These breakdowns may vary per architecture. The shown breakdown is for a Turing class card. In the case of three high-level metrics we discussed here so far, the ‘SOL FB’ describes the percentage of peak performance the on-device memory achieved. This includes the total number of cycles the DRAM was busy as well as the total number of sectors accessed. ‘Memory Pipes Busy’ covers the parts of the SM that handle memory instructions. It is also reported in percentage of the possible peak value and indicates the busiest unit in that part of the chip. Likewise, ‘SM %’ reports the busiest unit of all of SM, not just the parts that are related to memory instructions.

In fact, ‘sm__throughput.avg’ actually contains all of ‘sm__memory_throughput.avg’ as high-level metrics can take other derived metrics as input. The breakdown allows you to discover that as well by specifying the recursion level for the expansion of a metric. If you run ‘nv-nsight-cu-cli --metrics breakdown:1:sm__throughput.avg <TARGET_APP>’ (note the additional ‘:1’ in the command), the metric will only be broken down once, but the remaining expansions no longer happen. This results in a breakdown in only the following two metrics:

sm__instruction_throughput.avg
sm__memory_throughput.avg

And as discussed above, each of these expand in their own set of sub-metrics again. In this example, the high-level metrics of ‘SM %’ represents the maximum peak value of all of the SM instruction throughputs and the SM memory throughputs.

Occupancy vs. Throughput
Your other two questions were about ‘Block Limit registers’ and the difference between ‘Achieved Occupancy’ and ‘SM %’. Occupancy, or Warp Occupancy, is defined as the ratio of the active warps on an SM to the maximum number of active warps supported by the SM. Occupancy varies over time as warps begin and end, and can be different for each SM. The launch configuration, compile options for the kernel, and device capabilities of the target device define an upper limit of how many active warps can run on an SM (Theoretical Occupancy). One of the limiters of the theoretical occupancy is how many registers each thread of the kernel requires. Each SM has a fixed-sized register file available and the more registers each thread of a kernel requires the less active warps can run in parallel on each SM. The metric ‘Block Limit registers’ describes the maximum number of blocks that can run on each SM due to this register constraint. The lowest ‘Block Limit’ metric defines the overall ‘Theoretical Occupancy’. In contrast to the theoretical upper limit the ‘Achieved Occupancy’ is collected at runtime. The underlying metric is ‘sm_warps_active.avg.pct_of_peak_sustained_active’. It models exactly the ratio of the number of active warps over the theoretical maximum for the chip. However, just because a warp is actively scheduled on an SM does not necessarily mean that it makes efficient use of the available execution resources of the GPU. ‘Achieved Occupancy’ tells you the average percentage of how full you keep the GPU with respect of the warps only. ‘SM %’ tells you the peak percentage of the utilization of the busiest SM execution resource. Maybe think of the difference this way: A kernel can completely fill the SMs with active warps, but barely stress any compute unit. Or, a handful of warps can completely saturate the floating-point units.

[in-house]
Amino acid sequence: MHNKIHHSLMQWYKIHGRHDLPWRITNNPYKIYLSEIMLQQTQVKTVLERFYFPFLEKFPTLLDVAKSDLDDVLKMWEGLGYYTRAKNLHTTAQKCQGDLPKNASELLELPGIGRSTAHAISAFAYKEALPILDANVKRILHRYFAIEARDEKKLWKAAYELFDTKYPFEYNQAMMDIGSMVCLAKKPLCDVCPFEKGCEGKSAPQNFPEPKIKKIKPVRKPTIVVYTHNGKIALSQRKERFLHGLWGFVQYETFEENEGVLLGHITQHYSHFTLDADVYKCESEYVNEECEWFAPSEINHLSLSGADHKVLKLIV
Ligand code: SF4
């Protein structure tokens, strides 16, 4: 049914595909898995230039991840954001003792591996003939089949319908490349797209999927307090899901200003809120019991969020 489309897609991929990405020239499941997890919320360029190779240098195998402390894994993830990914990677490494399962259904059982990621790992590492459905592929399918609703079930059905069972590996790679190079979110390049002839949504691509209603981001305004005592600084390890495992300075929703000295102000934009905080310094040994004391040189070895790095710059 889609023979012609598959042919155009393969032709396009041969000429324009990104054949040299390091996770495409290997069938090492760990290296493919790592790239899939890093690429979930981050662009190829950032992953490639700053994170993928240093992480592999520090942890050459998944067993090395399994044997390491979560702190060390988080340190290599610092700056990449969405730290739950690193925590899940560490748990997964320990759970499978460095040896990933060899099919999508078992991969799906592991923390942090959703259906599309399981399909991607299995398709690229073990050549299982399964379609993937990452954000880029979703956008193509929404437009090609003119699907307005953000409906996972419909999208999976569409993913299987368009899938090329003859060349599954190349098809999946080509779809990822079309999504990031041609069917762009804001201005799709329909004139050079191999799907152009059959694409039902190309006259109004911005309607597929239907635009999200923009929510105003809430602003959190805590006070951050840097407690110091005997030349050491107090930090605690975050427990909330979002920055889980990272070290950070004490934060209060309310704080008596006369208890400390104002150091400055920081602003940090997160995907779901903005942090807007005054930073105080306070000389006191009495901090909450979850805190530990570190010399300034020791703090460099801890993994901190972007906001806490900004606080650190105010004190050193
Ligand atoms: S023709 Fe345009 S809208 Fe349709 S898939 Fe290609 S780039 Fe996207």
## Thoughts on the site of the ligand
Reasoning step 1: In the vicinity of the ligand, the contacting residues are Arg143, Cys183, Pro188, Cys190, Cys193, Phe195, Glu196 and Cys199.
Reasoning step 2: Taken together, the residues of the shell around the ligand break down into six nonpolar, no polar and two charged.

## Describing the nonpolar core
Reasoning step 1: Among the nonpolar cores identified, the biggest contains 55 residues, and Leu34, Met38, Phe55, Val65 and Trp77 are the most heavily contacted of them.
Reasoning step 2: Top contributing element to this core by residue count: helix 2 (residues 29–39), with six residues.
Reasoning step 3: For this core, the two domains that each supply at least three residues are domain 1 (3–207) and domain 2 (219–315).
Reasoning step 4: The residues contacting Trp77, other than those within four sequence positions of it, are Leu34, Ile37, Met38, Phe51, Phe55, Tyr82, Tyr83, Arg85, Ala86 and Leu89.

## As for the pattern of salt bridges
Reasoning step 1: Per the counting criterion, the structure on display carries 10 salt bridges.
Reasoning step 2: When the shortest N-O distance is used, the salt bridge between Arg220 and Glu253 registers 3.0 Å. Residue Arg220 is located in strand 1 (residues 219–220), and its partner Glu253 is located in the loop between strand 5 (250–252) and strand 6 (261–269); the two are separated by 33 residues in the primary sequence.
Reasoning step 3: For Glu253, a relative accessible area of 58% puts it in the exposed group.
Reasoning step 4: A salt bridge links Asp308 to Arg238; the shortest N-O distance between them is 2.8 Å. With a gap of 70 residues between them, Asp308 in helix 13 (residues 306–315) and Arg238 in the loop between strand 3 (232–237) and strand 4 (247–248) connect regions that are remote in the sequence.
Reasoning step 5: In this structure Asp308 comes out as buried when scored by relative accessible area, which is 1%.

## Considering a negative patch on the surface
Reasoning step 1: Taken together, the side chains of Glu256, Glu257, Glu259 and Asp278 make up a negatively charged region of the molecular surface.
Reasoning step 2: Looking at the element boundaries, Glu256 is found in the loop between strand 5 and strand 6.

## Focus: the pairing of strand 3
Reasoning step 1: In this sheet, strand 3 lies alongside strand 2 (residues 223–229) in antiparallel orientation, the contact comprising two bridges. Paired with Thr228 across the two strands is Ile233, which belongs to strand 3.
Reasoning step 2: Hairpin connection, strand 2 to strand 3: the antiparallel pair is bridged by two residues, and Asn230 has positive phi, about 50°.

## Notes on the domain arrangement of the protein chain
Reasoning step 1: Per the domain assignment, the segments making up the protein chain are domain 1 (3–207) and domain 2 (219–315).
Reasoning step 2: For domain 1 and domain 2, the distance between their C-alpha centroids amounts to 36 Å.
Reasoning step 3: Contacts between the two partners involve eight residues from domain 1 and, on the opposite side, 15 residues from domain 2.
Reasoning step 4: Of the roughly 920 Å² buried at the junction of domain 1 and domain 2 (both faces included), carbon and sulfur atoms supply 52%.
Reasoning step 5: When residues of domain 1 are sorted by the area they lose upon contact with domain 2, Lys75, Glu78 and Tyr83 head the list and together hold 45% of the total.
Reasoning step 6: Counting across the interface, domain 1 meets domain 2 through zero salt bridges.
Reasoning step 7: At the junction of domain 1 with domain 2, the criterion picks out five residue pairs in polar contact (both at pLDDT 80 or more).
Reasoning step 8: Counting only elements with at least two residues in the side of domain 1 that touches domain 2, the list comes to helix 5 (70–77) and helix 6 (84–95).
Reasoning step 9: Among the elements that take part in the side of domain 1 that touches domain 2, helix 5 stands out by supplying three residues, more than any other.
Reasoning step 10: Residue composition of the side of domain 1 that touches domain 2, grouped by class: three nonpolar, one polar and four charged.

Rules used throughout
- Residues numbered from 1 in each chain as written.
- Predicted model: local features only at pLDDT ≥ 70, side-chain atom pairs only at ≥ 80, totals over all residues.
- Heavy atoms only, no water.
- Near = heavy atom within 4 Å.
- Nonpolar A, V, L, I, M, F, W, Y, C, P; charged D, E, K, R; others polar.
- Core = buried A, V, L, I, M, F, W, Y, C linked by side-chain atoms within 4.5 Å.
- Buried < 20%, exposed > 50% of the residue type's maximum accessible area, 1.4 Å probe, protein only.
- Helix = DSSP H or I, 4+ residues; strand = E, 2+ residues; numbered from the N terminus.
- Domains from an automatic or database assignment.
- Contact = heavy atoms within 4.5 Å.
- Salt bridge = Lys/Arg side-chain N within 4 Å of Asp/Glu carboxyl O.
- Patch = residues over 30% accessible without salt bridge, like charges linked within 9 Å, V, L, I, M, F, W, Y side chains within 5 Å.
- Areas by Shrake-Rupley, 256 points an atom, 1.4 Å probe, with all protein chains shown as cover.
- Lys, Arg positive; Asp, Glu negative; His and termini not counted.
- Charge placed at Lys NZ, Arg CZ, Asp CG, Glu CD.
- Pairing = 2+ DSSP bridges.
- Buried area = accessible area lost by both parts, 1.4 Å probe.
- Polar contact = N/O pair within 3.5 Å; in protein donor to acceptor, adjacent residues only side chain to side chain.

While we work on providing more documentation for the metrics, I recommend the following resources to understand some of the metrics discussed here in more detail: https://devblogs.nvidia.com/using-nsight-compute-to-inspect-your-kernels, https://docs.nvidia.com/gameworks/content/developertools/desktop/analysis/report/cudaexperiments/kernellevel/achievedoccupancy.htm, and https://developer.nvidia.com/gtc/2019/video/S9345.

Thank you,
Magnus

1 Like

Thanks Magnus,

That helps

Lakshay